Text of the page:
The Big Questions Hiding Behind Google’s PR Stunts
The late – and forgive my enthusiastic cliché – very great Steve Jobs once told Google founder Larry Page to “Figure out what Google wants to be when it grows up. It's now all over the map. What are the five products you want to focus on? Get rid of the rest because they're dragging you down. They’re turning you into Microsoft.”
Years later, I can’t help but agree more than ever before. Self-driving cars, “Project Glass”, Android, Chrome, Google+, YouTube, the ever-evolving, 700-product suite included with any Google account, and, oh yeah, the search engine that began the business all beg a question: What is Google trying to become? More importantly – will they succeed in getting there or (as Jobs said) become the next Microsoft?
Let’s look at Project Glass:
Back in June, Google debuted Project Glass. During their annual I/O developer’s conference, the company hired skydivers to plummet into San Francisco’s SOMA district and the Moscone convention center while sporting experimental augmented-reality eyewear. Some hailed it as one of the best marketing stunts to date. Others found it over the top. I’m with the latter.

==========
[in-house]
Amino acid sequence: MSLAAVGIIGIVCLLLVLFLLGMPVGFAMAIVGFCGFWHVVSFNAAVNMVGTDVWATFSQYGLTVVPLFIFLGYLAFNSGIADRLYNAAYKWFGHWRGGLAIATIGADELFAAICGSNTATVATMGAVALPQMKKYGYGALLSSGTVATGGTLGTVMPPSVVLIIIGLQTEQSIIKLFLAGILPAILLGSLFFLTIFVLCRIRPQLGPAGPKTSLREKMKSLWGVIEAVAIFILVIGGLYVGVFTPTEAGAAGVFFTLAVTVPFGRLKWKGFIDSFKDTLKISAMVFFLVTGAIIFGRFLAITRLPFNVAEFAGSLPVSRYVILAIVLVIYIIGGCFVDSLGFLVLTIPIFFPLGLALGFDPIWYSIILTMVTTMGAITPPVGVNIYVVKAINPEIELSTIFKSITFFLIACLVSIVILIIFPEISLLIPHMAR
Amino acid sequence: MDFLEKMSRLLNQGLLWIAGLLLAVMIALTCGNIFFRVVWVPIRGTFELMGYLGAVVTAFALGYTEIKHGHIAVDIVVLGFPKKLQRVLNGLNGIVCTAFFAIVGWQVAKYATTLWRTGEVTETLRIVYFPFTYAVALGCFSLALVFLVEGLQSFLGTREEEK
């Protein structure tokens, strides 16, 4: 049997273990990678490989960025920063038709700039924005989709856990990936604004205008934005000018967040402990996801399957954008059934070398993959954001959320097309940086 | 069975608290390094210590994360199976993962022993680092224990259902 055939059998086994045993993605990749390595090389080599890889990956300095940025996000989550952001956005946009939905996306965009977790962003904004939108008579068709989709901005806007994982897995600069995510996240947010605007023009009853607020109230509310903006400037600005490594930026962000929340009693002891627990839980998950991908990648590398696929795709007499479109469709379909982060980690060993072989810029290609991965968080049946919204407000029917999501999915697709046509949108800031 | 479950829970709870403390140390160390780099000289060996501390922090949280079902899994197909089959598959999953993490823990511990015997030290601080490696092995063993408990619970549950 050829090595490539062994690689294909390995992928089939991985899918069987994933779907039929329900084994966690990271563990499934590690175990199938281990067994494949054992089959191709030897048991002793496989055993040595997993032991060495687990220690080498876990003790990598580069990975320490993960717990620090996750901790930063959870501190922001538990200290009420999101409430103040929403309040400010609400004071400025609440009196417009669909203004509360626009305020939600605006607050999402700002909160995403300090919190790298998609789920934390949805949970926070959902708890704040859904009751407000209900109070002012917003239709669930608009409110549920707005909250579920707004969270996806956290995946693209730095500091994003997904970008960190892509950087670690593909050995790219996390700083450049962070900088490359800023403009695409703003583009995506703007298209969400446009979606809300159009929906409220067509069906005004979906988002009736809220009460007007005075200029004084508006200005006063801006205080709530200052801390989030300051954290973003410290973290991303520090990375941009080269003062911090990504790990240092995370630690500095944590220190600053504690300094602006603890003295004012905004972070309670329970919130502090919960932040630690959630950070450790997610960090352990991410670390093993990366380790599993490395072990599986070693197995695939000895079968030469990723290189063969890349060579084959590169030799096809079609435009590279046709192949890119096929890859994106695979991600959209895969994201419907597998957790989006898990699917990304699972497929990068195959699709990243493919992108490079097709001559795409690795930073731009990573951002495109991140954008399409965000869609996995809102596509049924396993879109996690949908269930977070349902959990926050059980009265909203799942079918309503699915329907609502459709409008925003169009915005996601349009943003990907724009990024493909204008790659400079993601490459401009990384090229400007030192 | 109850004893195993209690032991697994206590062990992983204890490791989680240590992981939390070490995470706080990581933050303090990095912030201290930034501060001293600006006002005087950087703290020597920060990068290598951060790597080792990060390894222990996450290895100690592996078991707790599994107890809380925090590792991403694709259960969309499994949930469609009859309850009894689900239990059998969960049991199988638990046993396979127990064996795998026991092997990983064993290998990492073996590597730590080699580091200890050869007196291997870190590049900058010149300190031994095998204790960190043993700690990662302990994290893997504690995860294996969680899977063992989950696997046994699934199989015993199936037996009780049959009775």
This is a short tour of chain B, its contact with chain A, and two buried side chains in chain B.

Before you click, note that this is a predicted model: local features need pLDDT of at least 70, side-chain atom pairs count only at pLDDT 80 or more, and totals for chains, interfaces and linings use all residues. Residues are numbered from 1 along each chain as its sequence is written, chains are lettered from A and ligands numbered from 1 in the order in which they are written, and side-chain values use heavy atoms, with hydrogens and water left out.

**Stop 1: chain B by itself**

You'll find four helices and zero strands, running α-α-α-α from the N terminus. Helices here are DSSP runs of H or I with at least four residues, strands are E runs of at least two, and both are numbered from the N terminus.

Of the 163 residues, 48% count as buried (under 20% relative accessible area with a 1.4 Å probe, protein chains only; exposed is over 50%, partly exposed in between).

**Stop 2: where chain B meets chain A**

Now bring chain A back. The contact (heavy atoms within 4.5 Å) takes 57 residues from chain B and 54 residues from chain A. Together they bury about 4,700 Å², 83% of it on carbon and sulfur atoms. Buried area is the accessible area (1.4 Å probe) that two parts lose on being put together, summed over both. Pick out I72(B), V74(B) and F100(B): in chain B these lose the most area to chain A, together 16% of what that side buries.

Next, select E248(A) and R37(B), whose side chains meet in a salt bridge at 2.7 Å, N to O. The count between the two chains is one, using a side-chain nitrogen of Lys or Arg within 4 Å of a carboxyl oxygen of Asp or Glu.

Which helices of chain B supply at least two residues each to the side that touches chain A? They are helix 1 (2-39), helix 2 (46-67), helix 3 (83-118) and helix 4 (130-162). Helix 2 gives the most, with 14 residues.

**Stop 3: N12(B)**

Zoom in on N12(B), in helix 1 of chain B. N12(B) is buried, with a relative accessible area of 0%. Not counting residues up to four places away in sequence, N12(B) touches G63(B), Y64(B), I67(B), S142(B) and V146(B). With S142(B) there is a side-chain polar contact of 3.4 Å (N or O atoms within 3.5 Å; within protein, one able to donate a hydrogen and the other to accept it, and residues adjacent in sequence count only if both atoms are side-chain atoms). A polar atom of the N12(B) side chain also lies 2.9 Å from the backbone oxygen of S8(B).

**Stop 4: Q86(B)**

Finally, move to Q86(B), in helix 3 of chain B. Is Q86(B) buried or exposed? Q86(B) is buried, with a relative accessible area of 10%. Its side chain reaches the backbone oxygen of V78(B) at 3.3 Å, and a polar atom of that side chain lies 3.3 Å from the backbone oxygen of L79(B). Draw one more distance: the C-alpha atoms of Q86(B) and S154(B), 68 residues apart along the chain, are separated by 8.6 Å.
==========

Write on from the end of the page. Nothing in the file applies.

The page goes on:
Now, Glass has made its way to New York’s fashion week – after all, it is eyewear. Check out the video below of DVF designer Diane Von Furstenberg and her models sporting Glass on the runway and shooting some cool video along the way.
But, as an everyday consumer in a world in which we spend hours of our day looking at computer screens of all kinds, do you see yourself rocking a computer on your face to check out reviews of a restaurant or shoot first-person video? We can do that on our phones.
PR: Perception vs. Reality –
In the world of technology – perception is reality. Regardless of true reality, it’s a PR person’s job to create the perception that products and companies are the future. Sometimes it takes true innovation and a simple Apple style press event. For others, it takes skydivers and supermodels.
Let’s be honest - Glass will not be the next revolution in electronics and self-driving cars will not become the norm.
When you strip away the stunts and hype – Google is one of the best software companies on the planet. That’s the image the Internet giant should aim to build. If Google continues to spread itself too thin, the company will eventually create the perception of another scattered giant trying to stay relevant… Microsoft.